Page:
The Devil Eats Chocolate Macaroons

In Her Words The Devil Eats Chocolate Macaroons Even working as a slave to a slave has an upside By: Katie Egan My first day on the job, she wanted macaroons – chocolate ones. I left the office at 21st and Broadway in Manhattan and headed toward the Dean & DeLuca near Union Square. On […]

In Her Words

The Devil Eats Chocolate Macaroons

Even working as a slave to a slave has an upside

By: Katie Egan

My first day on the job, she wanted macaroons – chocolate ones. I left the office at 21st and Broadway in Manhattan and headed toward the Dean & DeLuca near Union Square. On my way, I made a crucial phone call.

“Mom! I need your help. What exactly are macaroons? My boss wants some.”

“Well, they’re coconut cookie-type… things.”

Indeed, Dean & DeLuca had the cookie-type things in stock, but only the normal coconut variety.

“You can order chocolate ones on our Web site,” they informed me, clueless to the dire nature of my request.

I popped into four more bakeries before returning to the office empty-handed.

Such was my life as an intern/assistant/slave at one of the top fashion and lifestyle public relations firms in New York. I’d wanted the job more than any other and had nailed the interview. After a month, I got a call from the firm president’s first assistant asking if I’d like to be promoted from intern to an administrative role.

“You’d essentially be the second assistant to the president,” I was told.

Ignorantly thrilled, I accepted the offer.

I’d been working in my new position for about a week when the first assistant tossed a copy of Hamptons Cottages & Gardens onto my desk.

“I need you to find where this painting came from.”

The magazine was open to a photograph of a lovely breakfast nook. On the wall above the dining table was the painting of interest. After a close study of the photo, I realized this was no typical piece of artwork. It was a sketch drawn directly onto the wall, and an artist’s signature was nowhere to be seen.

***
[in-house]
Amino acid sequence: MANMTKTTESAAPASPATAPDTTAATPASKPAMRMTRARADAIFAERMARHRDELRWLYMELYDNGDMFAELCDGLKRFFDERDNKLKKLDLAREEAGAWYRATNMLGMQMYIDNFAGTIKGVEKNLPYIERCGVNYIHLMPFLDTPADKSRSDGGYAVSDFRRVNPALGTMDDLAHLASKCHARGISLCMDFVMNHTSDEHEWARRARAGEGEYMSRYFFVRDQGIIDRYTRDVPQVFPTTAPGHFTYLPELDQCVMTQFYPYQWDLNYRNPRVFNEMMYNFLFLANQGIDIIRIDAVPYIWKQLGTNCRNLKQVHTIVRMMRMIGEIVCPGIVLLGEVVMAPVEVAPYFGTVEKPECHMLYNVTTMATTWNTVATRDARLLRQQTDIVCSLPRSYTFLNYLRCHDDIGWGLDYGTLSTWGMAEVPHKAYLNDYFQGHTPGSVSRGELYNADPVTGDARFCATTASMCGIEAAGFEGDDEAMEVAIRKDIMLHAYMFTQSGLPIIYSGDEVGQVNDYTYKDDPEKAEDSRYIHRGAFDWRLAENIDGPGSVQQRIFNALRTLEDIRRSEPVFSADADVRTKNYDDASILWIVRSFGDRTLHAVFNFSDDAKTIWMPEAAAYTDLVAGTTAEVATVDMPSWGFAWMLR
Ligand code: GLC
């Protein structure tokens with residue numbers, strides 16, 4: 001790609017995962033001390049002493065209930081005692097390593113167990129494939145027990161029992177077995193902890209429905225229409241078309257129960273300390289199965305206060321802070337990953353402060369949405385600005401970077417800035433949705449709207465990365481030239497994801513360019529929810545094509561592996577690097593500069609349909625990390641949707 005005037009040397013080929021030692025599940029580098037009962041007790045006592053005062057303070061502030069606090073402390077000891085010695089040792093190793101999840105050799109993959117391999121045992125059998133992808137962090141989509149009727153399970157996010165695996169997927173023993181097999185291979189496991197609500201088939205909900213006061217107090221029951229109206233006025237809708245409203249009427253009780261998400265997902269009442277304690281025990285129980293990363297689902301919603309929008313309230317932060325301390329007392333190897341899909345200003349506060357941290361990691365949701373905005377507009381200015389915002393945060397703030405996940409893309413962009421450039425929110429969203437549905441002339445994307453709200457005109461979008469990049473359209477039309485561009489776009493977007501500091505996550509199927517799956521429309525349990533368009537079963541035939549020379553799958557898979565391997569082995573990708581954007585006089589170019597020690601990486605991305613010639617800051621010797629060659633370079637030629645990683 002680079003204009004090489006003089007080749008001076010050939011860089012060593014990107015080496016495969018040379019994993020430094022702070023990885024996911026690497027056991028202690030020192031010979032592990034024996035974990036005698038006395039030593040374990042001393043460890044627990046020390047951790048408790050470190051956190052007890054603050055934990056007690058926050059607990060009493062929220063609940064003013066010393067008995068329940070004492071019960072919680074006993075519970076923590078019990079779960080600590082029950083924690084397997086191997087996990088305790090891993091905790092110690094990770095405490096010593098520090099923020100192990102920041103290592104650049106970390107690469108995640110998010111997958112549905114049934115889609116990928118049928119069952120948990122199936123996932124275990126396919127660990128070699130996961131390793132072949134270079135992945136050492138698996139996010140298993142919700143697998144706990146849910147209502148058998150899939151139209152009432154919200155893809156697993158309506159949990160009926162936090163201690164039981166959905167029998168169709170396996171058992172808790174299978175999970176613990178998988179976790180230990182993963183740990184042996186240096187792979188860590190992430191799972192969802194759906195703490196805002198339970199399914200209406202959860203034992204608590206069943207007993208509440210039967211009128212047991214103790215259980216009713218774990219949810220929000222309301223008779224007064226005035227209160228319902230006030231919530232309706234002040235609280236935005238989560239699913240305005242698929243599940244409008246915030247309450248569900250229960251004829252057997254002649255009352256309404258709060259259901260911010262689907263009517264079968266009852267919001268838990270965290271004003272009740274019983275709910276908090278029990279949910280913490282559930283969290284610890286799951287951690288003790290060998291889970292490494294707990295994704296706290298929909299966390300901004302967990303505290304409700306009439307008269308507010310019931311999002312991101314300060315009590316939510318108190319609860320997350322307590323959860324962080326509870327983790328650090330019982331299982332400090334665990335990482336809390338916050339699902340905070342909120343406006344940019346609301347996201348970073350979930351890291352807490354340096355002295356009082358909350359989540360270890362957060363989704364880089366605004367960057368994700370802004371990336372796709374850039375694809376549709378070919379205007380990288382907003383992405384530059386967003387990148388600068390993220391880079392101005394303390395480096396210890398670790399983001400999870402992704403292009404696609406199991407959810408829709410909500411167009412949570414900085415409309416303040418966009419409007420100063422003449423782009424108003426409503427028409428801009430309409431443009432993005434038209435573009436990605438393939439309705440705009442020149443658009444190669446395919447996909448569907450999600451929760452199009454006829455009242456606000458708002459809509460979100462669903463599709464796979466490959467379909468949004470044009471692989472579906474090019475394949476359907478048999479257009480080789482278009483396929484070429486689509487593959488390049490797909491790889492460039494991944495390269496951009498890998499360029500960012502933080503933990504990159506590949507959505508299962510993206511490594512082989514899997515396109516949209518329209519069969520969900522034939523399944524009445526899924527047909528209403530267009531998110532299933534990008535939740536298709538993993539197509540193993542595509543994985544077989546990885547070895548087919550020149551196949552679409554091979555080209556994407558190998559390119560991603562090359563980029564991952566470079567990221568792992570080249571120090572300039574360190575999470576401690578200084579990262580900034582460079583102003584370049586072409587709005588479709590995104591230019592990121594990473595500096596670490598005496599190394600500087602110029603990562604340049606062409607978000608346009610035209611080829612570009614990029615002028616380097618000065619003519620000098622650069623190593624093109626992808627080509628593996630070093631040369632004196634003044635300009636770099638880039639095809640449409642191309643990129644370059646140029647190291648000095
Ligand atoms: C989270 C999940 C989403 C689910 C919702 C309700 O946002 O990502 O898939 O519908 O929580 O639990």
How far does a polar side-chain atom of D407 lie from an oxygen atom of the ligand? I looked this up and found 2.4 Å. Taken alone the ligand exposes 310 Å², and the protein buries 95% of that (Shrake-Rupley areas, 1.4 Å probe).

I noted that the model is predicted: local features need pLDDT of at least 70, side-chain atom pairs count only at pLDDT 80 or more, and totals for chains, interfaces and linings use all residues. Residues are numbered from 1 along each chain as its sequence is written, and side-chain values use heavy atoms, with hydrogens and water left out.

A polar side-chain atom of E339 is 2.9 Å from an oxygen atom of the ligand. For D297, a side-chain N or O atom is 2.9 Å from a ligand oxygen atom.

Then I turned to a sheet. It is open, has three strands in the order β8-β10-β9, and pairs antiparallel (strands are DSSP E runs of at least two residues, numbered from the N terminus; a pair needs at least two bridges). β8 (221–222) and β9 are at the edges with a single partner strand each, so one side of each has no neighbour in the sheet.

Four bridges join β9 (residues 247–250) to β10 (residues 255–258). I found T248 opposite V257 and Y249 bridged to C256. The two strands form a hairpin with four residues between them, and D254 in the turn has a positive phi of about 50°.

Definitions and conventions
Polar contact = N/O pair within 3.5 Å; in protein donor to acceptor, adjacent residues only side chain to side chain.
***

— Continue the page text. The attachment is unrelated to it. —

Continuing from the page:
“This is your only task for the day,” the first assistant informed me, adding that Monica* wanted the painting for her own Hamptons house as soon as possible.

After over an hour of Googling, I approached the first assistant. “This appears to be an original piece of artwork. It’s a mural, probably commissioned by the homeowner.”

“Well, Monica says she recognizes the piece. So, no, it’s not an original.” There was no getting out of this one.

Eventually, I discovered the artist’s name: Hermes. The drawing was copied from a design on an old Hermes scarf, which I was able to purchase for my boss on eBay. When the scarf was delivered to the office, Monica tried her best to conceal her expression of complete shock. She had been trying to pull a fast one on me, and I’d triumphed. I think I basked in my glory for a full 30 seconds before the first assistant brought me back down to earth.

“Monica is having a red-themed birthday party. She wants 300 ruby costume rings, but she doesn’t want them all to look the same. And they can’t be tacky. Classy ones only.”

By the end of the week, I was best friends with every Halloween-shop owner in Manhattan. I got discounts on the rings and on anything else I wanted. It turns out the devil was in the details – and the details came with perks.

*Name has been changed for tail-saving purposes.

Have you had a “Devil Wears Prada” work experience?bT_icon_16x16_trans.gif


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